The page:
war

  For the first time, religious self-identification is on the decline in American. Some analysts have cited as cause a post-9/11 perception: that faith in general is a source of aggression, intolerance, and divisiveness—something bad for society. But how accurate is that view?

In her book, Fields of Blood: Religion and the History of Violence, Karen Armstrong sets out to discover the truth about religion and violence in each of the world’s great traditions, taking us on an astonishing journey from prehistoric times to the present.

Listener Essay - And Also Our Thanks

Nov 11, 2014

  And Also Our Thanks

One Sunday in Paris with my friends Garry and Martine, we searched for the remains of the old Bastille. What’s left of this fortress today is a few foundation stones, forming an outline of the building in Paris’s cobbled streets. Despite connotations of revolution and war, the Bastille really isn’t all that big.

In no time we had rounded the block to find ourselves in front of a pharmacy. I quickly went in to buy something. I walked out to find my friends talking with an older gentleman on his way to the market. As I was introduced, he asked if I was an American.

“Je suis Américain” I replied in my cobbled-together French.

Then he thanked me for saving France.

"Bring the War Home," which had been a rallying cry of the anti-Vietnam-War movement, was transformed on May 4, 1970 into a macabre irony when the Ohio National Guard opened fire on student anti-war protesters at Kent State, killing four and wounding nine. Many, certainly not all, of the anti-war student activists were chauvinist, privileged, white men.

Everyone agrees that our troops deserve a return to productive and creative lives after service. Yet, in spite of billions spent on psychological care and reintegration programs, we face an epidemic of combat-related conditions like PTSD. What's the solution? In Warrior's Return, Dr. Edward Tick reveals what's missing in our approach to helping our veterans acclimate from the battlefield to civilian live.

    Joe Gannon is a writer and spoken word artist. He was also a freelance journalist during the Sandinista Revolution, writing for the Christian Science Monitor and the San Francisco Examiner.

In his new novel, Night of the Jaguar, he takes readers to the land of Nicaragua in the mid-eighties, a place recovering from one conflict and descending into another.

    Investigative journalist Eric Schlosser joins us to discuss the dilemma that has existed since the dawn of the nuclear age: how do you deploy weapons of mass destruction?

Drawing on recently declassified documents and in-depth interviews with the individuals who designed and routinely handled nuclear weapons, Schlosser reveals that America’s nuclear weapons have been plagued by accidents, mistakes, and near-misses since their inception and that even the best control systems are no match for human error.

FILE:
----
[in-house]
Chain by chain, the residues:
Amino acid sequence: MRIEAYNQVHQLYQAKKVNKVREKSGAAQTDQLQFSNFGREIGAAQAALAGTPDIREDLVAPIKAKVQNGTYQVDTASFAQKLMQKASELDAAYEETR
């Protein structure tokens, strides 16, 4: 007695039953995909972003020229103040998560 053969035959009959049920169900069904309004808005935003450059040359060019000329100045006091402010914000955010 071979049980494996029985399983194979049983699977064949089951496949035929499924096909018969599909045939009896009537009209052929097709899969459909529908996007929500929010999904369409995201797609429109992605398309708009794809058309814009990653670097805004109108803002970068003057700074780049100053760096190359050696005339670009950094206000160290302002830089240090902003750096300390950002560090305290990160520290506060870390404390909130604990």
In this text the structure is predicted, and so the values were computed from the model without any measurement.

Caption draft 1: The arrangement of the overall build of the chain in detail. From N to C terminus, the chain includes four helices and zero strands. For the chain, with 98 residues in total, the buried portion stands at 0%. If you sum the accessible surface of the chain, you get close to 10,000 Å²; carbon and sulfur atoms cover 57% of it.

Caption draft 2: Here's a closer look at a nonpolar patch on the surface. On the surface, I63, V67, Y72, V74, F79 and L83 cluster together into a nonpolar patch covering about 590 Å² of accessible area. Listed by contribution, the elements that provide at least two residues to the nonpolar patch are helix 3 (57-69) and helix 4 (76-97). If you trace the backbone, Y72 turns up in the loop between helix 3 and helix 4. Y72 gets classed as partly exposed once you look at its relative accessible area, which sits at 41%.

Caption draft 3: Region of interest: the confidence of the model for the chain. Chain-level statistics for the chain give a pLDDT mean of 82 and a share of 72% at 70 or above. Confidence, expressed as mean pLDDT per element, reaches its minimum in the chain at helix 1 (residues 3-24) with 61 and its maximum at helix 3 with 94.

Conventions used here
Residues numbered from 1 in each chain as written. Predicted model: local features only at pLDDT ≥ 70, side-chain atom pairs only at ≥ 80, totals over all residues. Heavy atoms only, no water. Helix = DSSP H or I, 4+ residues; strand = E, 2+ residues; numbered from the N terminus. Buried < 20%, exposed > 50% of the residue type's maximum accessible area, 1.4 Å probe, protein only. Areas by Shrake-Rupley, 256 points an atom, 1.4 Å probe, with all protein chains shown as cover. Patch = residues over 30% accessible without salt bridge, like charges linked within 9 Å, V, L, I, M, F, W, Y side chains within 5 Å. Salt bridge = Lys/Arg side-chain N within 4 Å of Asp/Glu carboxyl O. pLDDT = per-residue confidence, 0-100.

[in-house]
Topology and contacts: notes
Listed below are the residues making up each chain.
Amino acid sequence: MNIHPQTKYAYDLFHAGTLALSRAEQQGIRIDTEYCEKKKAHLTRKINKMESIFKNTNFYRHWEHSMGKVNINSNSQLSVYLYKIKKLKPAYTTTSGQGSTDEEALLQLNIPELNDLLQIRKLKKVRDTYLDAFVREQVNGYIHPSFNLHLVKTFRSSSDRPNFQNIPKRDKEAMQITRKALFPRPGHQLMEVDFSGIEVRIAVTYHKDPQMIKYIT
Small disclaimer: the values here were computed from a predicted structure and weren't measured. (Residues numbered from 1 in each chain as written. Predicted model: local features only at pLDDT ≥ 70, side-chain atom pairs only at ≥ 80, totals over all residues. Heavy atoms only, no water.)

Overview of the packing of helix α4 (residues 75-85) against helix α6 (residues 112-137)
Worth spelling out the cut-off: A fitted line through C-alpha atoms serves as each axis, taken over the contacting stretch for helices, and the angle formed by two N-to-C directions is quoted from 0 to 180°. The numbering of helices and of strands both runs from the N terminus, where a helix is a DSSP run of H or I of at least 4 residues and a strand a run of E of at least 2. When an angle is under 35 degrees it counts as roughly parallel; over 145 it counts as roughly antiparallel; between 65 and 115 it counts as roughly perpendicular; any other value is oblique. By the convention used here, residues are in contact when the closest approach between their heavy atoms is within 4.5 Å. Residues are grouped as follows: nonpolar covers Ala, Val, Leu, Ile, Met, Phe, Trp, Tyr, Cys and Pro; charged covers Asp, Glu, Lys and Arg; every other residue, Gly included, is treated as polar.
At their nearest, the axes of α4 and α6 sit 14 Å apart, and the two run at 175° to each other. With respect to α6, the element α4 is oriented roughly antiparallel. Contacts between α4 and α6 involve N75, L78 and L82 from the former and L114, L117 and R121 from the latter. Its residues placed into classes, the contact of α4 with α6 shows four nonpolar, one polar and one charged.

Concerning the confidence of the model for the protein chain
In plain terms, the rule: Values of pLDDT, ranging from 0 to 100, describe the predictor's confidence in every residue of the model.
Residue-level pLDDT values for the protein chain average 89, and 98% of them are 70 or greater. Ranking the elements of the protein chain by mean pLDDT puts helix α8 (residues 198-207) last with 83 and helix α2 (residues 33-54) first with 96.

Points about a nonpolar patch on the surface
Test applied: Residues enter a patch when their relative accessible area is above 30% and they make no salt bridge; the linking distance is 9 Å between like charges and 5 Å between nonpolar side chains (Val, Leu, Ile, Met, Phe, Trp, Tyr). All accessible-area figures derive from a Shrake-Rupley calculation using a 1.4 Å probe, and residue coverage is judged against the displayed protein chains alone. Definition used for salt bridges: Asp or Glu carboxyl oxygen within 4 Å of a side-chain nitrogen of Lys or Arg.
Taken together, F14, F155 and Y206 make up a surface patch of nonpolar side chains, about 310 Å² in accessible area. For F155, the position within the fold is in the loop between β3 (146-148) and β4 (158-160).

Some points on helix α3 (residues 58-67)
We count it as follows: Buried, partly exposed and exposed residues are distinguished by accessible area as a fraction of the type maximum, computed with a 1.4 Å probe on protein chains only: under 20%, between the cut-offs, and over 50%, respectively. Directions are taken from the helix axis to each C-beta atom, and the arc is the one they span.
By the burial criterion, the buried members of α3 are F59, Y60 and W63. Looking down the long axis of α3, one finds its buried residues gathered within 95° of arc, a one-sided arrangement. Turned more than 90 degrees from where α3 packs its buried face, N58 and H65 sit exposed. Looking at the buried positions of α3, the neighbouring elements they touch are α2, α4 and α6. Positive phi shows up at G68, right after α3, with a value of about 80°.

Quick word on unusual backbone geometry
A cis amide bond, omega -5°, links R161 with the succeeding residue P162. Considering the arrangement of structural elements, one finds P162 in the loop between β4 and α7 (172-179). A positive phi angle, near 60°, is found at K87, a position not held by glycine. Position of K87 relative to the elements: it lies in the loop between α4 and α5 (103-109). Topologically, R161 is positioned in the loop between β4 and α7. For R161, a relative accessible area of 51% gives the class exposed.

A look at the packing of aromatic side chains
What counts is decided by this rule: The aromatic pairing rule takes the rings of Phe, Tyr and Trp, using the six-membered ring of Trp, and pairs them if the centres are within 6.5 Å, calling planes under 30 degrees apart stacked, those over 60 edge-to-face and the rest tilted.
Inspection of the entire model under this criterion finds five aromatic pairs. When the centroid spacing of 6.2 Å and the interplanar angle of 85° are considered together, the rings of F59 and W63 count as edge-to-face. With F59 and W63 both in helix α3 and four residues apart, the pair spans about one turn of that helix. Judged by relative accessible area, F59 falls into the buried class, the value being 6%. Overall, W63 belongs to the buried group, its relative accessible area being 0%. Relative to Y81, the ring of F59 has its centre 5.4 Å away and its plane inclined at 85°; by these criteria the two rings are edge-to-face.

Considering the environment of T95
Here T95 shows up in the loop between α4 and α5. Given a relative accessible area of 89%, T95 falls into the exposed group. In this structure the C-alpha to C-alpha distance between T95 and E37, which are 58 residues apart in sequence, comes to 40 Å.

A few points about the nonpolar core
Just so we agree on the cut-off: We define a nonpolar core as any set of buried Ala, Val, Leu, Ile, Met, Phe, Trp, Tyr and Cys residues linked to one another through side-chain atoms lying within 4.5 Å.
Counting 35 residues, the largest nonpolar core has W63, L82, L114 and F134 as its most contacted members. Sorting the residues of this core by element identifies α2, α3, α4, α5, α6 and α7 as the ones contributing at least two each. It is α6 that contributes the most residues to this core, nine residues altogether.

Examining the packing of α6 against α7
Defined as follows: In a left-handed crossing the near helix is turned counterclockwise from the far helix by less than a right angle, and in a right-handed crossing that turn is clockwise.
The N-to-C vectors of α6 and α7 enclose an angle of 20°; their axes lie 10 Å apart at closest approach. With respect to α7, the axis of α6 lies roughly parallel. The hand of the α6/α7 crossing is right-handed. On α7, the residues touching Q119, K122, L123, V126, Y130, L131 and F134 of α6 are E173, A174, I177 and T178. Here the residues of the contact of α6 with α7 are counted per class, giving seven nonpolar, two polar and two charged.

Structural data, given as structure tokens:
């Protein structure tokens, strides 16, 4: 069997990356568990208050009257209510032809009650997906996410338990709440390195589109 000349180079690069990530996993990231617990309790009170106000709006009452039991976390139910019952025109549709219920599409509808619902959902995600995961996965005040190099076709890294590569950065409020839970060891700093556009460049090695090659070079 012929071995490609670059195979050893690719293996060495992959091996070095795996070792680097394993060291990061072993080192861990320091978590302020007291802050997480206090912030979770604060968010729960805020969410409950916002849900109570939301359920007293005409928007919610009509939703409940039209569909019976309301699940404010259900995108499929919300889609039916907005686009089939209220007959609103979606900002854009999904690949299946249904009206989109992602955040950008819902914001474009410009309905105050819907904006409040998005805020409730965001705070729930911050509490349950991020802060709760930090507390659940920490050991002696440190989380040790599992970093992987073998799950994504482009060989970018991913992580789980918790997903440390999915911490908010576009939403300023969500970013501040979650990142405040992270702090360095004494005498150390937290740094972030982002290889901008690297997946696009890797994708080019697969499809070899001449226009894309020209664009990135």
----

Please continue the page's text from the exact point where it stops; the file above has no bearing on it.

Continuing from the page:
In the spring of 2001, three women enlisted in the Indiana National Guard. Each had her own idea of what a stint in the Guard might mean — free education, a sense of purpose, extra money. But just months after they signed up, the 9/11 attacks occurred and what they thought would be a couple days of drills each month turned into long overseas deployments.

In her new book, Soldier Girls: The Battles of Three Women at Home and at War, Helen Thorpe follows the lives of Desma Brooks, Michelle Fischer and Debbie Helton for 12 years.

    The Mental Health Foundation will honor award-winning TV journalist Bob Woodruff at its annual August Evening in Saratoga, Monday August 18 at the Saratoga National Golf Course.

Woodruff, whose miraculous recovery from traumatic brain injury suffered while on assignment for ABC TV in Iraq in 2006, will be recognized for his outstanding work with the Bob Woodruff Foundation. The Bob Woodruff Foundation helps returning veterans address their life challenges, including mental health issues.

    

  Located in New Windsor, New York, the National Purple Heart Hall of Honor commemorates the extraordinary sacrifices of America's servicemen and service women who were killed or wounded in combat. The mission of the Hall of Honor is to collect and preserve the stories of Purple Heart recipients from all branches of service and across generations to ensure that all recipients are represented.

To tell us more we are joined by the Executive Director of the Purple Heart Hall of Honor, Inc., Andrew Komonchak.

    In his comprehensive history, The Rise of the Tudors, Chris Skidmore chronicles the early story of the Tudors, beginning with the birth of the future Henry VII and following his life through the tumultuous Wars of the Roses, which ended with Henry’s coronation.

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